Poem Text

I have studied many times 

The marble which was chiseled for me-- 

A boat with a furled sail at rest in a harbor.  

In truth it pictures not my destination  

But my life.  

For love was offered me and I shrank from its disillusionment; 

Sorrow knocked at my door, but I was afraid;  

Ambition called to me, but I dreaded the chances. 

Yet all the while I hungered for meaning in my life. 

And now I know that we must lift the sail 

And catch the winds of destiny 

Wherever they drive the boat. 

To put meaning in one's life may end in madness,

But life without meaning is the torture 

Of restlessness and vague desire-- 

It is a boat longing for the sea and yet afraid.

Masters, Edgar Lee. “George Gray.” 1915. Poets.org.


From the perspective of an unspecified limbo-like afterlife, George Gray—we learn nothing about him save his name and that he is dead—contemplates with sad bemusement the elaborate design chiseled into the marble of his own tombstone. It depicts a boat “with a furled sail at rest” (Line 3). The boat with its neatly and tightly secured sail suggests an appropriate traditional symbol for a person now at rest, done with the adventures of life, a soul now at peace, finding in the sweet repose of death the serenity that life, with all its tumultuous moments, never offered. That heart, surfeited with the loves and losses, happiness and tragedies of life, is happily done with the wind and the waves, glad now to be in port.

But the poem immediately unsettles that assumption. The adventurous life suggests a life George Gray never got around to living. “I have studied [the engraving] many times” (Line 1), which suggests now in death George has found the time to study his own life. The boat on his tombstone becomes cruelly ironic. The image, he admits, suggests more his life than his death. From the perspective of death, he sees now that his quiet life of small risks and easy contentment measure his reluctance even to explore the tantalizing possibilities of love and ambition, the complex realities of heartache and sorrow, all traditional measures of a life lived. By embracing security and comfort, George now sees that he turned away from the enticing opportunities of risk. “I dreaded the chances” (Line 8), he admits. He admits he was offered the chance at love but declined; that he was tempted by the siren call of ambition but deferred; that he was intrigued as well by the dark experience of pain but shrank from it.

Ironically, George sees now that in his lifelong dedication to risk-assessment—and in turn measuring risk itself as a reason not to do something—he never technically lived. He lived small, “all the while [he] hungered for meaning in [his] life” (Line 9) when his reluctance to take any chances inevitably denied his life such depth. But that insight he earns now is too late, an epiphany cased in the cool irony of uselessness. If only, he sees, I knew then what I know now.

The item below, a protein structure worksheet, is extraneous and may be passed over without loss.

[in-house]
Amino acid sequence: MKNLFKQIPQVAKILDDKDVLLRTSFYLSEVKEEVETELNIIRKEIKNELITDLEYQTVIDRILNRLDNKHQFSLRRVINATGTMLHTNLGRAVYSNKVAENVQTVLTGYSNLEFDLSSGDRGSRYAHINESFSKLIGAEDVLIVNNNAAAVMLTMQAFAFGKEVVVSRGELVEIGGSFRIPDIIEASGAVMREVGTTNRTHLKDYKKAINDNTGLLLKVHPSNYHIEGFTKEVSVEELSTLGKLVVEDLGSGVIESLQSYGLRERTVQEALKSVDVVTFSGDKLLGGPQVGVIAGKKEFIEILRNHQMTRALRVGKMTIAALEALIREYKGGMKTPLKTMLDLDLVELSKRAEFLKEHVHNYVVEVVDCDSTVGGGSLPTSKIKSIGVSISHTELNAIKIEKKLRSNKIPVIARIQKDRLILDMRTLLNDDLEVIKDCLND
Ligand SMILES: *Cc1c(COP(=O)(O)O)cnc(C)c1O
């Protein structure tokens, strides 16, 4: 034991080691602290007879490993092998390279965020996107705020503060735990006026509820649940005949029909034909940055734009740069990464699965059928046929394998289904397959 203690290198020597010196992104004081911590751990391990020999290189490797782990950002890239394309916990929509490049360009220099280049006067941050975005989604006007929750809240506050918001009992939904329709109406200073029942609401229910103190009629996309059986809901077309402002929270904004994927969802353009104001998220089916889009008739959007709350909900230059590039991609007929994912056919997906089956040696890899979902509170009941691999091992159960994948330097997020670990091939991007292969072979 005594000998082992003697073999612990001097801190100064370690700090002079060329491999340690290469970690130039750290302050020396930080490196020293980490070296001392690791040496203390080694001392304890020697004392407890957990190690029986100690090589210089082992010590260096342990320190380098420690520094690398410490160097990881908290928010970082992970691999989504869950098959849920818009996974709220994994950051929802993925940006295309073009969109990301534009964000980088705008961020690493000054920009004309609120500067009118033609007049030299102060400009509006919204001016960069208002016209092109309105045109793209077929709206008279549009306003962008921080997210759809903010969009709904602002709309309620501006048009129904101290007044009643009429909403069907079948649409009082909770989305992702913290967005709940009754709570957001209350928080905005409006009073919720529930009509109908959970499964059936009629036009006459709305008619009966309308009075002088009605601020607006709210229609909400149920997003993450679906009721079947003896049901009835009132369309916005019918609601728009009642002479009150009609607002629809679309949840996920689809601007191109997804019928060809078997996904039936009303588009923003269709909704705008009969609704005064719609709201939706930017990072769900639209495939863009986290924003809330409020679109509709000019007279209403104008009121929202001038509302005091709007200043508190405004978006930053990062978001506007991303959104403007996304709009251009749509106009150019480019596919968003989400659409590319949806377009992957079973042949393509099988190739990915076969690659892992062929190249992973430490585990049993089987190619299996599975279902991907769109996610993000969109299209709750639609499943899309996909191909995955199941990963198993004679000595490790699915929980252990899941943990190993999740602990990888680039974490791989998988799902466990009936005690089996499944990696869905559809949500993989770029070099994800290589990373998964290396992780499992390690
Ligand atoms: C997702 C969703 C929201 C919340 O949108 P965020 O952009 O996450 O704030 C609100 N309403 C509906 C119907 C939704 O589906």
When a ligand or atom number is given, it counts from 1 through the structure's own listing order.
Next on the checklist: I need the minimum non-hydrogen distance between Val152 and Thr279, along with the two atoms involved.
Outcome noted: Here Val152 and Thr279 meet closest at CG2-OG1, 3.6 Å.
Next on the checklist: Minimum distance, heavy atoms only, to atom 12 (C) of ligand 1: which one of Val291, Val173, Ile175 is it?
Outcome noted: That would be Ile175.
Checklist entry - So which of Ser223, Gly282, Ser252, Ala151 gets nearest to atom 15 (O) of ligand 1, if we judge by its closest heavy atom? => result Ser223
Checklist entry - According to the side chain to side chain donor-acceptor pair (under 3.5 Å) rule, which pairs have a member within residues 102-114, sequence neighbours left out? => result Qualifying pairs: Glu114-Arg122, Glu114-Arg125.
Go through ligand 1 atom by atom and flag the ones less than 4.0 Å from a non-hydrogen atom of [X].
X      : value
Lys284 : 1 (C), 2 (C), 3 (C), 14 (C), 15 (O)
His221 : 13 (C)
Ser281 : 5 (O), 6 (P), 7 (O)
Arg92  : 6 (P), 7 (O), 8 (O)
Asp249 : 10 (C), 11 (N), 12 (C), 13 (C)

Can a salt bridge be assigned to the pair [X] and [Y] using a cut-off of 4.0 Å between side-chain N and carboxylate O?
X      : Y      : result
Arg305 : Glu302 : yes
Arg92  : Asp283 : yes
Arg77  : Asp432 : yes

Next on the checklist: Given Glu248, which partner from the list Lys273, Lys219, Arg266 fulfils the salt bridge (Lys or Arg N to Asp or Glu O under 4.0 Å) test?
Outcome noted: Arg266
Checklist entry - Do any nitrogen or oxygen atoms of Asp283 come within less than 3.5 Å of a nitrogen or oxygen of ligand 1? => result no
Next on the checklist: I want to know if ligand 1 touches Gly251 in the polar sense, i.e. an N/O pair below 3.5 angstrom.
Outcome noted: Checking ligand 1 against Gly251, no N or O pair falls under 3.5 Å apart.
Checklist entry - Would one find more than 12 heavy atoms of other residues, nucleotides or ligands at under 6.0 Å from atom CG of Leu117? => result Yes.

From the grave, however, he is eager to share his life of throttled expectations and smothered ambitions, to tell whoever should be passing by his gravestone to understand the irony of the boat chiseled on it. His own life becomes a cautionary tale. Live, he says voicelessly from the grave, as I did not: “[L]ift the sail / And catch the winds of destiny/ Wherever they drive the boat” (Lines 10-12). Get ready, he says, to stay dead for a long time, earn the rest of eternity. In every moment, in every opportunity, embrace the potential for experience, whatever the outcomes.

He sees now that his life, lived so carefully, so predictably, so quietly, was not much of a life at all. “Life without meaning is the torture / of restlessness and vague desires” (Lines 14-15). That is the sorrow of his afterlife, able to see what he should have seen when he was alive: Life needs to be lived. Do not be one of those smothered and dry lives content to stay safe and dismissing as foolishness the experience of risk. Do not live like a trim and ready boat longing for the sea. Do not, he says with the bitter irony of hindsight in the closing line, be afraid to unfurl the sails and see where the crazy winds might go—because death is permanent and ever-approaching, and always premature.